|Place of origin UK|
Case type Rimmed
|Designer W.J. Jeffery & Co|
|Type Rifle, Hunting, Revolver*|
The .600 Nitro Express (15.7×76mmR) is a rifle cartridge in the Nitro Express series which was introduced in 1903 by W.J. Jeffery & Co. It is the second largest calibre in the Nitro Express line, exceeded only by Holland & Holland's .700 Nitro Express round.
All .600 Nitro Express cartridges carried a 900-grain (58 g) projectile. Early versions were loaded with cordite. While the .700 Nitro is of course larger, the .600 Nitro is the largest dangerous game caliber to have been used during the heyday of African ivory hunting. The .700 was a 1980s creation as a result of a well-to-do gentleman being denied a .600 NE calibered rifle from renowned maker Holland & Holland.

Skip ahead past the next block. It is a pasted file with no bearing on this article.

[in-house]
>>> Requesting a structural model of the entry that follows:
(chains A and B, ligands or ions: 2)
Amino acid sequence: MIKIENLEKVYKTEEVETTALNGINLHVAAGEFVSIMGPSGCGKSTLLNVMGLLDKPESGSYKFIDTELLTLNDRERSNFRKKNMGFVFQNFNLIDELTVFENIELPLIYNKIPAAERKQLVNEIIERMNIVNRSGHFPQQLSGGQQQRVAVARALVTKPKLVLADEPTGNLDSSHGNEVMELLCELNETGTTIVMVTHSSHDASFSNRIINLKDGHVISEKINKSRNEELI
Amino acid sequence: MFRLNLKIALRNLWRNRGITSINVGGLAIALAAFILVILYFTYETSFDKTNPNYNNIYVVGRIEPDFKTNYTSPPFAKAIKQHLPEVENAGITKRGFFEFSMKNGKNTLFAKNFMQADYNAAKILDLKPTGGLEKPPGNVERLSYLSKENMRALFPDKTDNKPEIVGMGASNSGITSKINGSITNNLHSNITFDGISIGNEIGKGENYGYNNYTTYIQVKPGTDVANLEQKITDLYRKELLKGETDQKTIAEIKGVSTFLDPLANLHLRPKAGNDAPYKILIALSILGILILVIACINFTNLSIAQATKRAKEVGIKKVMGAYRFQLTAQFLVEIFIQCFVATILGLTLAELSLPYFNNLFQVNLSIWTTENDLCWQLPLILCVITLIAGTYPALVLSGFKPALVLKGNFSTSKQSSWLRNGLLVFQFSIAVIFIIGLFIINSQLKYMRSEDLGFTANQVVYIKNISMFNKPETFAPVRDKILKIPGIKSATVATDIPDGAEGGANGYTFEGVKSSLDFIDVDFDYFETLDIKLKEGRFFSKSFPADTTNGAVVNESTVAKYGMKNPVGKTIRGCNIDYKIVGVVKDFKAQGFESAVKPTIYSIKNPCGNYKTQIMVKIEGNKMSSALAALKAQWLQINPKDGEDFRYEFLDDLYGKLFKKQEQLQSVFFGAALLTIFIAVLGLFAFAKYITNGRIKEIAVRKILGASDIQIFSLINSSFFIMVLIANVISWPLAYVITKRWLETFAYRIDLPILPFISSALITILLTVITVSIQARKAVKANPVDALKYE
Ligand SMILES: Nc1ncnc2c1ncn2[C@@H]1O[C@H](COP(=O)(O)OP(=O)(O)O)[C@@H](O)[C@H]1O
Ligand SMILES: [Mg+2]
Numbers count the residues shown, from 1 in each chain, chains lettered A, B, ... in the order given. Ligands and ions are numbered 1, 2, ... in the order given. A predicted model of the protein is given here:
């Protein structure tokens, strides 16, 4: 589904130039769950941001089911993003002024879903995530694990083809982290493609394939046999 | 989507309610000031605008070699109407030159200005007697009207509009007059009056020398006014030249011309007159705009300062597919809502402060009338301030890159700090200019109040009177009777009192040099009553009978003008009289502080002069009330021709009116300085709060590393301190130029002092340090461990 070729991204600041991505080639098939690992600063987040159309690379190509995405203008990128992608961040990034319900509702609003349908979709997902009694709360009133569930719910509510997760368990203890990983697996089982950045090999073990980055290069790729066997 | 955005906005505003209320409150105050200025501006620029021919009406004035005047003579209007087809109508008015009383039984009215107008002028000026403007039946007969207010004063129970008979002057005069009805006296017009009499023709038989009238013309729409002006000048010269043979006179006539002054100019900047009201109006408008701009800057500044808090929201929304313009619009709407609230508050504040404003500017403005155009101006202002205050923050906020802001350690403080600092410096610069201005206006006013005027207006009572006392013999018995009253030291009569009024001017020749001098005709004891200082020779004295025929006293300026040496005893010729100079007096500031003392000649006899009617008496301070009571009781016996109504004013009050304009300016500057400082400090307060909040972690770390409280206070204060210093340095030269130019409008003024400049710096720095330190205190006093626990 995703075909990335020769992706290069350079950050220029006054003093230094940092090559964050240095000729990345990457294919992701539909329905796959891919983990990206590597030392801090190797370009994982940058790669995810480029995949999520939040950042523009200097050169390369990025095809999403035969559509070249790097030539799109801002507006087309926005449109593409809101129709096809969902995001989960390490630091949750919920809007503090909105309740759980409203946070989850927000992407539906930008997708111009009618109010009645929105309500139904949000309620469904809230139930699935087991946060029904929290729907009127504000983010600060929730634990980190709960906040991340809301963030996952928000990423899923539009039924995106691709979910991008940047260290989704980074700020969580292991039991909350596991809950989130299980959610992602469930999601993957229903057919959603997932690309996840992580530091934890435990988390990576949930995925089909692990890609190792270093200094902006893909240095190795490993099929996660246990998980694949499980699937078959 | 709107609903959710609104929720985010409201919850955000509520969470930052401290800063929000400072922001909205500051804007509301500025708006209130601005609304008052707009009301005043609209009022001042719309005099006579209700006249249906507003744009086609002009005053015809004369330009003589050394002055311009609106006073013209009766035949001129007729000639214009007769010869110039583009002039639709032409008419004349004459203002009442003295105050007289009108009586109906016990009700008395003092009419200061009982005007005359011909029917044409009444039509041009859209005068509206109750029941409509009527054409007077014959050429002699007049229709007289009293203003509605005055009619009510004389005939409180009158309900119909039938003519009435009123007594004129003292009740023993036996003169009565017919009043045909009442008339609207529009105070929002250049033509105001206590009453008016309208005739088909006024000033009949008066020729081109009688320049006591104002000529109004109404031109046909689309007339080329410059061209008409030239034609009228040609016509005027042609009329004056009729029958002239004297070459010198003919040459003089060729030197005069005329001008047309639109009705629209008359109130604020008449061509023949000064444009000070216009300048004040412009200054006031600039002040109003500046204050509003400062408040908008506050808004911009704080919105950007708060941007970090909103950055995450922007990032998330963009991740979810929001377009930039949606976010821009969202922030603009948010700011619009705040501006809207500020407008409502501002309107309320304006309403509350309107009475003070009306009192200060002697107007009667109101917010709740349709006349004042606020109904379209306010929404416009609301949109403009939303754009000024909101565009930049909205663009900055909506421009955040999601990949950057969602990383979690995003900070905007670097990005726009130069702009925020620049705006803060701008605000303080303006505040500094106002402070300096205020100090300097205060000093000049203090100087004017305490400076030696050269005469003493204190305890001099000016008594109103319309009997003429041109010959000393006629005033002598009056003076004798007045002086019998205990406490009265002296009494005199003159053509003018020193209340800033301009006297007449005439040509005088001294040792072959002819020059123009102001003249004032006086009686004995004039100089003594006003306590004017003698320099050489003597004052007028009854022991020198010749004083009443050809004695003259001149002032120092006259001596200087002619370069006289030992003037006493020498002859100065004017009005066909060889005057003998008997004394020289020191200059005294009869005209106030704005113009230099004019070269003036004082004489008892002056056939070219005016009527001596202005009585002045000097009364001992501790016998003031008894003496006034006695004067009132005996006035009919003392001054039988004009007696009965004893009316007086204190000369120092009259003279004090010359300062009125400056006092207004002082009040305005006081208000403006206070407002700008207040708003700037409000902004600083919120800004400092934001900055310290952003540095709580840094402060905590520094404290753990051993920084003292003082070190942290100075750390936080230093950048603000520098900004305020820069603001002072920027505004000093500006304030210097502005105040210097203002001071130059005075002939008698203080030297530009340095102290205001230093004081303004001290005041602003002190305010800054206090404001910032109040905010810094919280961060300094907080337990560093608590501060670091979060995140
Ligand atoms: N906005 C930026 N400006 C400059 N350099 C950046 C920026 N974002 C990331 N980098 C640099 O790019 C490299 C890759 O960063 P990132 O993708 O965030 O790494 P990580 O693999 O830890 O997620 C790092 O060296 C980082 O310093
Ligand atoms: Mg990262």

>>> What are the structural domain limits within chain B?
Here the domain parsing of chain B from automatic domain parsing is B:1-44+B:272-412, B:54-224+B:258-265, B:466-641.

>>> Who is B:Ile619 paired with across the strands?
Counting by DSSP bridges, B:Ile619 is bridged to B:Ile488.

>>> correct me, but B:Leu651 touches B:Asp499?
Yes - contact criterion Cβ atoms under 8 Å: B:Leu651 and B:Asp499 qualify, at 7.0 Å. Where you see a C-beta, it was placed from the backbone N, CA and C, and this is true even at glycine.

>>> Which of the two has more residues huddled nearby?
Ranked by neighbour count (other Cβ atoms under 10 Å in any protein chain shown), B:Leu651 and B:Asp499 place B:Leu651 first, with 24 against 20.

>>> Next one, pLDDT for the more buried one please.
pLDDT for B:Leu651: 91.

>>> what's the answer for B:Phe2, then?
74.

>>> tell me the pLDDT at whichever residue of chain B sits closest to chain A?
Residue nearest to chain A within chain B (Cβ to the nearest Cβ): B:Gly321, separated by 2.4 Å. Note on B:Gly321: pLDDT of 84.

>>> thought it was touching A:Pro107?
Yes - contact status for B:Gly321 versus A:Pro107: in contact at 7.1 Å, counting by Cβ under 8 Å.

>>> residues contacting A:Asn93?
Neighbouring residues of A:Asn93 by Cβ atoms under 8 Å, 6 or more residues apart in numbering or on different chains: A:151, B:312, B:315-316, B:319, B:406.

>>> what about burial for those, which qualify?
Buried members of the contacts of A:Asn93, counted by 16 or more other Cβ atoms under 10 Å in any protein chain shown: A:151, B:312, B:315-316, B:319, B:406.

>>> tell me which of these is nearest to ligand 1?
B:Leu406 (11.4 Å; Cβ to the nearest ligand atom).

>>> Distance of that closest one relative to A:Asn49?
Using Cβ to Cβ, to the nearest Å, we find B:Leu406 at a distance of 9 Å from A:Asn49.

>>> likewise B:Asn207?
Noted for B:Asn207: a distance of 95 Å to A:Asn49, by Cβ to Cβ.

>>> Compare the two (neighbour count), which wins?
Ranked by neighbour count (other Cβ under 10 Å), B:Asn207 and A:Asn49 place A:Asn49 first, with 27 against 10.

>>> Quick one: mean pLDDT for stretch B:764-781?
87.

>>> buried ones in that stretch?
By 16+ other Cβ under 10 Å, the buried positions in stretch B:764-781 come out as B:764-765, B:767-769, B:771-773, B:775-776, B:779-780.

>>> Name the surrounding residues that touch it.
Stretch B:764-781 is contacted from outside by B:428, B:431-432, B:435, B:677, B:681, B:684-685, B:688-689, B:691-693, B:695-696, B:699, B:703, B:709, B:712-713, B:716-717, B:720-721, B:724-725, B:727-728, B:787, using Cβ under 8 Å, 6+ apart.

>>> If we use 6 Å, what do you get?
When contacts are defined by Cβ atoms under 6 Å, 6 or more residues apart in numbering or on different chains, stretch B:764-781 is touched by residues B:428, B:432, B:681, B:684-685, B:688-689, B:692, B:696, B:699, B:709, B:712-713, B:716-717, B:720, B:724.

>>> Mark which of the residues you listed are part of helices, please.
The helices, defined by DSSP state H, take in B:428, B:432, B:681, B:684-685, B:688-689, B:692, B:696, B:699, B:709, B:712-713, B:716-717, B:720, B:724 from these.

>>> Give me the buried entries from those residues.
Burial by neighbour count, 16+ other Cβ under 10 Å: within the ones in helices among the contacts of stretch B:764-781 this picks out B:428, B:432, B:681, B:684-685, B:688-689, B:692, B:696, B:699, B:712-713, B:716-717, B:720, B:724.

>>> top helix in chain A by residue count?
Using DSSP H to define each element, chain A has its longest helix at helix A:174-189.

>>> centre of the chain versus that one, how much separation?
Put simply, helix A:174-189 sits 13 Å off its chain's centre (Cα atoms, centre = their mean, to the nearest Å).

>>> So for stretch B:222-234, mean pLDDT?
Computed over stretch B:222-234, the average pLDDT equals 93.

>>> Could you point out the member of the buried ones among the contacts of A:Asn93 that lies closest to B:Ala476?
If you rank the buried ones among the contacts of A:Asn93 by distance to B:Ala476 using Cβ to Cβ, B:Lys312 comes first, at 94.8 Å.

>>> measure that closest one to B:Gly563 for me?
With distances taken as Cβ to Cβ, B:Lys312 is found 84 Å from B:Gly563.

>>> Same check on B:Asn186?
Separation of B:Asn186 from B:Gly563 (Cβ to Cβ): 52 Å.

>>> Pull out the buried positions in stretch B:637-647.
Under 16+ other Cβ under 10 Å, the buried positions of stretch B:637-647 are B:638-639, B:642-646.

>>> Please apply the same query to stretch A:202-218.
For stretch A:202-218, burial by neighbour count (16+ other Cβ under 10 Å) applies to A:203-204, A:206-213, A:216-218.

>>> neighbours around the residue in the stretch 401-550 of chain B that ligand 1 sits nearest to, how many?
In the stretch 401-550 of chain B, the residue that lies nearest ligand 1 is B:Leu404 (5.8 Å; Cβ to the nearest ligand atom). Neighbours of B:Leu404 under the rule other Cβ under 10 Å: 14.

Though the .600 was larger than the .577, it was not nearly as popular among professional hunters of the day. It is impossible to say exactly how many .600s have been built, but most estimates are around 200; mainly doubles, but with a few falling block single shots too. In use, a professional hunter would carry this rifle only when engagement of a large, dangerous animal was imminent, chiefly for the purpose of stopping a charge after the client had fired, missed, and incited the target animal to charge the hunting party; the .600 Nitro Express was actually an "emergency" rather than a hunting rifle. It might also be used when the hunter was in the "thick brush", with a gun-bearer carrying it at other times. The rifles chambered for these rounds were most often side-by-side double rifles with boxlock actions made by the Jeffery Company of England. However, Jeffery did introduce their Model 1904 Farquharson-based falling-block, single-shot rifle in 1904 specifically for the .600 NE.